I generally hear of two camps of people who either a) feel that face cleansers aren’t that important because it’s on your wet face for literally 20 seconds before you just rinse it off, or b) are cleanser evangelists who are fiercely loyal to their favorite cleanser or constantly Indiana Jonesing their perfect cleanser.
I think this sort of thing comes down to how high-maintenance you are about your skincare in general. I used to be in the former camp until I tried just about every type of cleanser under the sun and now I get it. Finding a great cleanser is like going from casual dating to full-on nesting. It makes me want to give it keys to my apartment, to buy furniture with it, to tell all my friends about it and introduce it to my parents.
That said, finding your perfect cleanser is not easy. There really isn’t a shortcut; you just have to do the work and trial-and-error that shit on the good graces of the internet’s five-star ratings. And it doesn’t help that they all promise radiant/clear/glowing/hydrated/oil-balanced skin and a lot of stuff that, honestly, the rest of your skincare routine is better-suited to do. You have one job, face cleanser: just clean my face well enough that it doesn’t overdo it but preps my skin for whatever I put on it next. That’s it! Put away the piñatas and confetti — I got essence and serum for that.
Generally, cleansers with a low pH, in that 5.5 range, are a good starting point. Your skin’s pH is slightly acidic and you want to keep it that way (higher-pH cleansers can over-strip your skin’s natural oils). Acidity helps maintain an unfriendly environment for acne-causing bacteria. The rest is mostly determined by your skin type and lifestyle habits.
Let’s review a few types of cleansers out there.
An obvious pick, foam cleansers offer that gratifying sudsy feeling of *clean* and are probably some of the most popular picks. People just associate bubbles with cleanliness, I guess. Now, foaming cleansers are advanced enough to have the foam and the gentle ingredients but generally, they are water-based with some sort of surfactant to bubble and bind to dirt and oil.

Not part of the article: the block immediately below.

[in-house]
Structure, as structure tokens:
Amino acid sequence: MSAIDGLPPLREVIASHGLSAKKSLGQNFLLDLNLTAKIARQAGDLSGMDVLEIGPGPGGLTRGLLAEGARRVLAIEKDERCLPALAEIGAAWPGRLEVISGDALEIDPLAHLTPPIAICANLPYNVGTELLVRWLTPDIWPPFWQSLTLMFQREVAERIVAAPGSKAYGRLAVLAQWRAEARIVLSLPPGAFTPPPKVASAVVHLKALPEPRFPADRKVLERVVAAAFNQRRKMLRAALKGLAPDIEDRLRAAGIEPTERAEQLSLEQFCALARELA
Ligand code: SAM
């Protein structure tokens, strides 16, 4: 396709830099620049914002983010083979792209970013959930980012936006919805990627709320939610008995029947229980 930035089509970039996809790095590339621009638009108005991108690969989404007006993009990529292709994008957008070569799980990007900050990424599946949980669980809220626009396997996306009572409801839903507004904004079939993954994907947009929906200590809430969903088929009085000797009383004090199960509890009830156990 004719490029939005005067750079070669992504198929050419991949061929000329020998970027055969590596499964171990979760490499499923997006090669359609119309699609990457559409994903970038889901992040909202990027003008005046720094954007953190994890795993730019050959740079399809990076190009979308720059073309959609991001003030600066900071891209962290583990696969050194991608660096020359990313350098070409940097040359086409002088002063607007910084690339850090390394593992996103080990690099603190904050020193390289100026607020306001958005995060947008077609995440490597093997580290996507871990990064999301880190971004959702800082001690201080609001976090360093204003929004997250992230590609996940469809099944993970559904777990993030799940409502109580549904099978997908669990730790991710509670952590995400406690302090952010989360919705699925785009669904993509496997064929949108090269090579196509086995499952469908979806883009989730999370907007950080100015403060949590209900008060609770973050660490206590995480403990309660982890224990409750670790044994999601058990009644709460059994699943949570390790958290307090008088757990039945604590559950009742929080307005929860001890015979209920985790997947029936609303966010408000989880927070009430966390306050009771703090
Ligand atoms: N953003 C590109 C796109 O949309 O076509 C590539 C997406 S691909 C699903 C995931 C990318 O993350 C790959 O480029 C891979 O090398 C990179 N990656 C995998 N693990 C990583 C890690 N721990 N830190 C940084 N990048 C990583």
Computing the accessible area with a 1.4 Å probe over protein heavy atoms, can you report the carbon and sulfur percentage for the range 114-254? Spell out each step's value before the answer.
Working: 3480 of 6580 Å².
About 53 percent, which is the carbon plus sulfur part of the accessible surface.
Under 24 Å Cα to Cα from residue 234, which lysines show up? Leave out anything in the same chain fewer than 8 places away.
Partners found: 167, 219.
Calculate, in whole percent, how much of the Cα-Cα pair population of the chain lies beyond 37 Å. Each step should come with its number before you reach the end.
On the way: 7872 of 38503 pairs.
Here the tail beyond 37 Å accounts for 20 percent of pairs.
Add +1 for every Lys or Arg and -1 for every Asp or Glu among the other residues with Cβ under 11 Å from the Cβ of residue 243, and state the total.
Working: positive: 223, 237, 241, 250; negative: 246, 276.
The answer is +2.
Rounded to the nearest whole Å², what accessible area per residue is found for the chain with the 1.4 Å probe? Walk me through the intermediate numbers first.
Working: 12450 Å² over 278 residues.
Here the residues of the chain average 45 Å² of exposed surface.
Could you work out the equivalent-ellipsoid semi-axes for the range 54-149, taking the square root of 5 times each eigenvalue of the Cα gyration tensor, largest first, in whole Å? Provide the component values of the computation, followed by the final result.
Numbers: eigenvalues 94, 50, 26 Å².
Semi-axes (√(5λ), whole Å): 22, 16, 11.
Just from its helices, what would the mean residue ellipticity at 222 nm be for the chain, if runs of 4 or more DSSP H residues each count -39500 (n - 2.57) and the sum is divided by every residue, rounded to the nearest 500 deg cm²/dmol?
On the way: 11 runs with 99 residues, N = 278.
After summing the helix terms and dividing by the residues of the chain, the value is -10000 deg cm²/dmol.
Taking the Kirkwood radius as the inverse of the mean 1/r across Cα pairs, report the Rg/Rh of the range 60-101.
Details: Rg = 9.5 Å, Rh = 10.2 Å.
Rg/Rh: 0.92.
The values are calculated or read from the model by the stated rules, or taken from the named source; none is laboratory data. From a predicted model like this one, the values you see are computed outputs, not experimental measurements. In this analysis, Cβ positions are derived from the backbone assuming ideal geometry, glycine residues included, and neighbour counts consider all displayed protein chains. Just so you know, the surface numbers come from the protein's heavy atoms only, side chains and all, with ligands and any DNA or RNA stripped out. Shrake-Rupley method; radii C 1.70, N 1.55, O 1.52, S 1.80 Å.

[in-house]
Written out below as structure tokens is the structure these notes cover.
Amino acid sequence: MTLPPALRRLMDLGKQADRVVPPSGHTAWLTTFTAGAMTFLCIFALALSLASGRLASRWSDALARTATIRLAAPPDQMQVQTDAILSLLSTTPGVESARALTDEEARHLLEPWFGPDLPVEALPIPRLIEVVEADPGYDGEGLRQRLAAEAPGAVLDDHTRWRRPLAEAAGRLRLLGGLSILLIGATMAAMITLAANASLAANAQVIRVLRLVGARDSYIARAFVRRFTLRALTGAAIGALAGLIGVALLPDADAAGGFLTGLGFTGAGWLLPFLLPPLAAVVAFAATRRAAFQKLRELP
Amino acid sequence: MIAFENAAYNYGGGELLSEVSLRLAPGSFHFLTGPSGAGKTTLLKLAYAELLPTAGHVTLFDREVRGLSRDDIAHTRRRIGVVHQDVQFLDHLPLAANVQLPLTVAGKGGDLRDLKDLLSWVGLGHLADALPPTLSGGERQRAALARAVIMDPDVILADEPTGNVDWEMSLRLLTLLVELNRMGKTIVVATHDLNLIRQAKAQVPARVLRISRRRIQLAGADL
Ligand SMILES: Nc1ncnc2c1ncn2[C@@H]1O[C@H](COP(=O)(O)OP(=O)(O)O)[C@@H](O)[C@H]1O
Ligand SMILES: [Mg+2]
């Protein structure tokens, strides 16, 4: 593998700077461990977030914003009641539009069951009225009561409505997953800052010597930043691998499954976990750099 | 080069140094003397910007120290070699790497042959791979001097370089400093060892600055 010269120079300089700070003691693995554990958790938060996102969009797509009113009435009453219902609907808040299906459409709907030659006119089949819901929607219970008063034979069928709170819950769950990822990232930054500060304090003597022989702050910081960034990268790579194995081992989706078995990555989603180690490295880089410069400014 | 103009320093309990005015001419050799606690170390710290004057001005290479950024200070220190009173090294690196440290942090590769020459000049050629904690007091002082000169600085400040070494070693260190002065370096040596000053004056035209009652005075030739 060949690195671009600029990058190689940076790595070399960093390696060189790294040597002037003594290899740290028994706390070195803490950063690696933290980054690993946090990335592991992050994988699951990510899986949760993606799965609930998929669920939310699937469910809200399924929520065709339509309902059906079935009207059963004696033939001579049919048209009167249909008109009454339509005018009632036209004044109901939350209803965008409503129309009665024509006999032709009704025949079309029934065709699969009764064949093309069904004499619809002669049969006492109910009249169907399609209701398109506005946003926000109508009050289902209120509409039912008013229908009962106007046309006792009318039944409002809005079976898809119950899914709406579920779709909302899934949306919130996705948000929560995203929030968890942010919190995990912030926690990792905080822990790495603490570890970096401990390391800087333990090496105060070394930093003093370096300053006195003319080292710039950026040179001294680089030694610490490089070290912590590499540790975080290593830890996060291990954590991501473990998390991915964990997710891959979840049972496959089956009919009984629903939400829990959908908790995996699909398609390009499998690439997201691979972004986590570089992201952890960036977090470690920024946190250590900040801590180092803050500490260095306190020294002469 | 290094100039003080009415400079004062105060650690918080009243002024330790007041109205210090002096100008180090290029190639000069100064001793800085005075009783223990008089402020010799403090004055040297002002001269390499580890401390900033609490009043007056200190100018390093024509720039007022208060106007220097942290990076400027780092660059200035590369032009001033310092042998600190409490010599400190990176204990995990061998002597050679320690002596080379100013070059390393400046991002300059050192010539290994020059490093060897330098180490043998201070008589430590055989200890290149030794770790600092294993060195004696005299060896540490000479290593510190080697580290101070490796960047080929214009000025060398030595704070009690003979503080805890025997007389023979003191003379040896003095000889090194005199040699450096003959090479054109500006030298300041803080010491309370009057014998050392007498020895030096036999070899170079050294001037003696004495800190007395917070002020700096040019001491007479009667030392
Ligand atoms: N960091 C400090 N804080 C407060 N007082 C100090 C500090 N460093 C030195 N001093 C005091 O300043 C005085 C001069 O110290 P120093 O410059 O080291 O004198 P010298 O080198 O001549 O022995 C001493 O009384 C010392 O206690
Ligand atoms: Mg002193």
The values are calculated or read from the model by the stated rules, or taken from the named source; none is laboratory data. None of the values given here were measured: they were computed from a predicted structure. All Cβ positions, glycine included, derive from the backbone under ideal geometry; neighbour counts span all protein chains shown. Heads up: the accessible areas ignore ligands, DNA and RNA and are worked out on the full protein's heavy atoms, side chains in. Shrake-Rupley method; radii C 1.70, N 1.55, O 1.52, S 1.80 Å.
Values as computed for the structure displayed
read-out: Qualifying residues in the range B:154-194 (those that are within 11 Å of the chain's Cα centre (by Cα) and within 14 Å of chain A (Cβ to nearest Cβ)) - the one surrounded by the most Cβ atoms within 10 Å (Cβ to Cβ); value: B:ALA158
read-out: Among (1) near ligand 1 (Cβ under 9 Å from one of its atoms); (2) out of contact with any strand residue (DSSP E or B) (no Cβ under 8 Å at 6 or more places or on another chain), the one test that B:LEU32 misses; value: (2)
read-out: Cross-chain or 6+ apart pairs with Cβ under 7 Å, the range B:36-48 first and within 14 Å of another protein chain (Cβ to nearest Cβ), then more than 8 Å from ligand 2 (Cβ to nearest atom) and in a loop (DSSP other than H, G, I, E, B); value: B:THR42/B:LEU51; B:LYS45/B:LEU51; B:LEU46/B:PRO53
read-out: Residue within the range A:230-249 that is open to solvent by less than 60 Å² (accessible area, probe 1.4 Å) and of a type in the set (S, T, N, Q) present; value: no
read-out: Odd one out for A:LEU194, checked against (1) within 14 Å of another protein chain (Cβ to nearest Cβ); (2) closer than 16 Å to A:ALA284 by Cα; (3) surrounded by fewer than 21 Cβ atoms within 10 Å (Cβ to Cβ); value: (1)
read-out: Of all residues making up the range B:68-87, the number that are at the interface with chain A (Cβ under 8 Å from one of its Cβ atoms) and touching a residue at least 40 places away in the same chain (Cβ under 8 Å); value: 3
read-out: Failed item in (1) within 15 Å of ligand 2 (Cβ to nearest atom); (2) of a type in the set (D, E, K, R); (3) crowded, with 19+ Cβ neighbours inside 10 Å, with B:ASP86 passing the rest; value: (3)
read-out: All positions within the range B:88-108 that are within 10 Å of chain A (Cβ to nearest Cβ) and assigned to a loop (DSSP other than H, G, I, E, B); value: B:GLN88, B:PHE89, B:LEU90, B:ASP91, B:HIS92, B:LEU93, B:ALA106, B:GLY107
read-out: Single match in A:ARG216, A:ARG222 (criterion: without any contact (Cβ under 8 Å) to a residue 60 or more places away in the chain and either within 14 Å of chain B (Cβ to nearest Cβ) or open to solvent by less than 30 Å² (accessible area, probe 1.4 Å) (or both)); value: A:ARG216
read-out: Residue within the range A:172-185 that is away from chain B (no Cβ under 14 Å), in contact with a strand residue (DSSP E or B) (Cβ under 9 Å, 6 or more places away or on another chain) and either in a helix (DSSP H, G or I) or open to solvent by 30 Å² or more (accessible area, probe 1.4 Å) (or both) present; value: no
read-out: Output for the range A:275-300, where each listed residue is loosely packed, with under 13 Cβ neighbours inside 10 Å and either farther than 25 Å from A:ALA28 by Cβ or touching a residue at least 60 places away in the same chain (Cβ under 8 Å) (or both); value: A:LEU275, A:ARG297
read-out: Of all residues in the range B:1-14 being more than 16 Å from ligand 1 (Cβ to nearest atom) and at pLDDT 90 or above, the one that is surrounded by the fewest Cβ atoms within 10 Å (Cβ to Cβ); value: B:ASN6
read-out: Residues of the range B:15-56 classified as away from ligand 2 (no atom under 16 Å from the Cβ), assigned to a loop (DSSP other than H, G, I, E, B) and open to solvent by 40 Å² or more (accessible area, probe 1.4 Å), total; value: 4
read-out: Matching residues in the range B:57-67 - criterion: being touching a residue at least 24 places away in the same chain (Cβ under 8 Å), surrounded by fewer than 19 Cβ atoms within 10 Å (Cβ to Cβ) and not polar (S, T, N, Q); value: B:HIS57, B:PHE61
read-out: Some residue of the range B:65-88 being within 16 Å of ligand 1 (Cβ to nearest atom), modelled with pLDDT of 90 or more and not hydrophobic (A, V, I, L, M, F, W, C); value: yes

These are some foaming cleansers that I’ve used and like. They’re gentle, sudsy, and don’t over-strip my skin. I use to have really dry skin, and I’m always going to be slightly prone to that, but in my second coming of puberty it seems that my skin is veering towards combination territory.
I’ve found that many Korean skincare brands’ foam cleansers are formulated with less harsh ingredients (and sometimes even other cool stuff like green tea extracts, egg white protein, and yeast ferment, like in these three) to get you the right amount of clean and keep your skin’s pH balanced.
Oil cleansers are BOMB for removing makeup. Seriously, they’re way better than those dual-oil-layered bottles of eye-makeup remover. The idea is that oil dissolves oils, so for those with oily skin or who wear lots of medium-to-full-coverage makeup, this is a really easy way to emulsify all that and rinse it away without having to scrub your face raw.